Originally Posted by GusGus748s
If you've only listened to the A3, you won't miss the A5's.
All I know is the A5's sound much better for music then my ex A3's. I don't even know why people say the A3 are more musical when the A5 sound more alive than the A3's.
If you have the money go for the A5's. If not the A3's will do fine.
I don't think anybody has said the A3rx-c is more musical than the A5rx-c. What has been said, and what I've said, is that the A3rx-c is a much more forgiving design wrt music that is less than perfectly recorded (which is most material available today). The A5rx-c was designed to reveal max detail....and when the source material is flawed, sometimes the detail which is revealed is crappy source material
. The A3rx-c is more forgiving and, though it is slightly less revealing than the A5rx-c, it is also more forgiving
. I don't know that I would categorize it as being less alive than the A5rx-c, but to each his own.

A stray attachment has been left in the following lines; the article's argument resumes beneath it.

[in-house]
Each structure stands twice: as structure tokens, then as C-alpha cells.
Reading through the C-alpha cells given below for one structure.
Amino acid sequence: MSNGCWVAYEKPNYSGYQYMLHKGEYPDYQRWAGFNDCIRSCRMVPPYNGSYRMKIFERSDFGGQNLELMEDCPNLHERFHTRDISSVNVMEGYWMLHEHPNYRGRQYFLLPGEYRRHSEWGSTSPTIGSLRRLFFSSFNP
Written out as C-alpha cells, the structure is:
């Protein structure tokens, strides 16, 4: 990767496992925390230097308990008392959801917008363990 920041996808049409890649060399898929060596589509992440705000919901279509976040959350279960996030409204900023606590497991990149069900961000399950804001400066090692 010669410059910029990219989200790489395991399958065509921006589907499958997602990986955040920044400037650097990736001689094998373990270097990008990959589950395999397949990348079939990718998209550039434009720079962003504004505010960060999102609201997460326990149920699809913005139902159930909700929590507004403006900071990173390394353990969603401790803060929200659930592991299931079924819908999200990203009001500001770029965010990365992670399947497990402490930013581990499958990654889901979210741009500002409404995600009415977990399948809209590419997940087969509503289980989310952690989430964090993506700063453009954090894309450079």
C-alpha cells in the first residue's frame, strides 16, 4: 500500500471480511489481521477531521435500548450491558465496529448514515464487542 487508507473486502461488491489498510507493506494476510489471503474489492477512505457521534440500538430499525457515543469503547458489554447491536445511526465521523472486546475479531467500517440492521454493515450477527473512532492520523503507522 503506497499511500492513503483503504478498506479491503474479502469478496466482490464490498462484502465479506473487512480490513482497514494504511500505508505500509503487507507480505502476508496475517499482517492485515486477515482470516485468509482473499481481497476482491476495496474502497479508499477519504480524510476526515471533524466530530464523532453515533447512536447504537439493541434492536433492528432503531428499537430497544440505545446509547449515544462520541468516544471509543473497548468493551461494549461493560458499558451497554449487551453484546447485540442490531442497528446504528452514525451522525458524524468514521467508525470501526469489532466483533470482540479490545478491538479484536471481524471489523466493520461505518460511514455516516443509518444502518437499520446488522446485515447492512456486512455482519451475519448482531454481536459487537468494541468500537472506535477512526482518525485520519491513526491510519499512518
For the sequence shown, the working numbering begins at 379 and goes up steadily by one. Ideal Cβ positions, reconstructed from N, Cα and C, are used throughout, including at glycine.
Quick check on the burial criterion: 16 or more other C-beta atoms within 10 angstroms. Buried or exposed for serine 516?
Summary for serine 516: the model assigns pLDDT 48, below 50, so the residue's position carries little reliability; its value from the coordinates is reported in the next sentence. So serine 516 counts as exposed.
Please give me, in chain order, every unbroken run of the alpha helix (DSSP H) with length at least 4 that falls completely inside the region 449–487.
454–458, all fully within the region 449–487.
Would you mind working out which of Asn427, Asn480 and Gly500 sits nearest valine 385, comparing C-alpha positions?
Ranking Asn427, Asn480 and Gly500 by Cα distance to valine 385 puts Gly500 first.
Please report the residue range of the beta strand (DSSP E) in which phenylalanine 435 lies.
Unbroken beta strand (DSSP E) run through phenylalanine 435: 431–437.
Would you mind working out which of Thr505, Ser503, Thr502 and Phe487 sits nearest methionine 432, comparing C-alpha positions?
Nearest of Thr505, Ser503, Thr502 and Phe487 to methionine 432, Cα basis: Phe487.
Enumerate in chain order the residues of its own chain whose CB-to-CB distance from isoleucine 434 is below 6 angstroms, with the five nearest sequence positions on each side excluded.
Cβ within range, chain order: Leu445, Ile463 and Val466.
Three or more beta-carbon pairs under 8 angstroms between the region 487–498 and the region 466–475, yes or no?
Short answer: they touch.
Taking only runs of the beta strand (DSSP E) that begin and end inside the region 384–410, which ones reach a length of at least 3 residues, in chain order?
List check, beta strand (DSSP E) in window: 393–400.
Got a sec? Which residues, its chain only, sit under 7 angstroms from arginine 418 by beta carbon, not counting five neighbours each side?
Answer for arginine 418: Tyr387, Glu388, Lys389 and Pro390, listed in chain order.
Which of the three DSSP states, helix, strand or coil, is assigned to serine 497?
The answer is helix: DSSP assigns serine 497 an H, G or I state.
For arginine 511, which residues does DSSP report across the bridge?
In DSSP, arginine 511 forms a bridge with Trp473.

FWIW, I've never had my wife tell me to turn the A3rx-c down during movies...can't say the same for the A5rx-c. This is not the fault of the A5rx-c, but it highlights the differences between the two models well. With the simplified crossover of the rx-c tuning, the A3rx-c closed a portion of the gap between it and the A5rx-c (which did not benefit as much from the rx-c revision, as a percentage).
I agree that, if one can afford them, to go with the A5rx-c's. However, unless one is incorporating critical music listening
into their routine, most would be extremely happy with the A3rx-c.
I have also found that the A5rx-c begins to really shine after about 50-100 hours of break-in (and mostly levels-off after that)...and that the A3rx-c's provided increasing amounts of detail all the way up to 150 hours.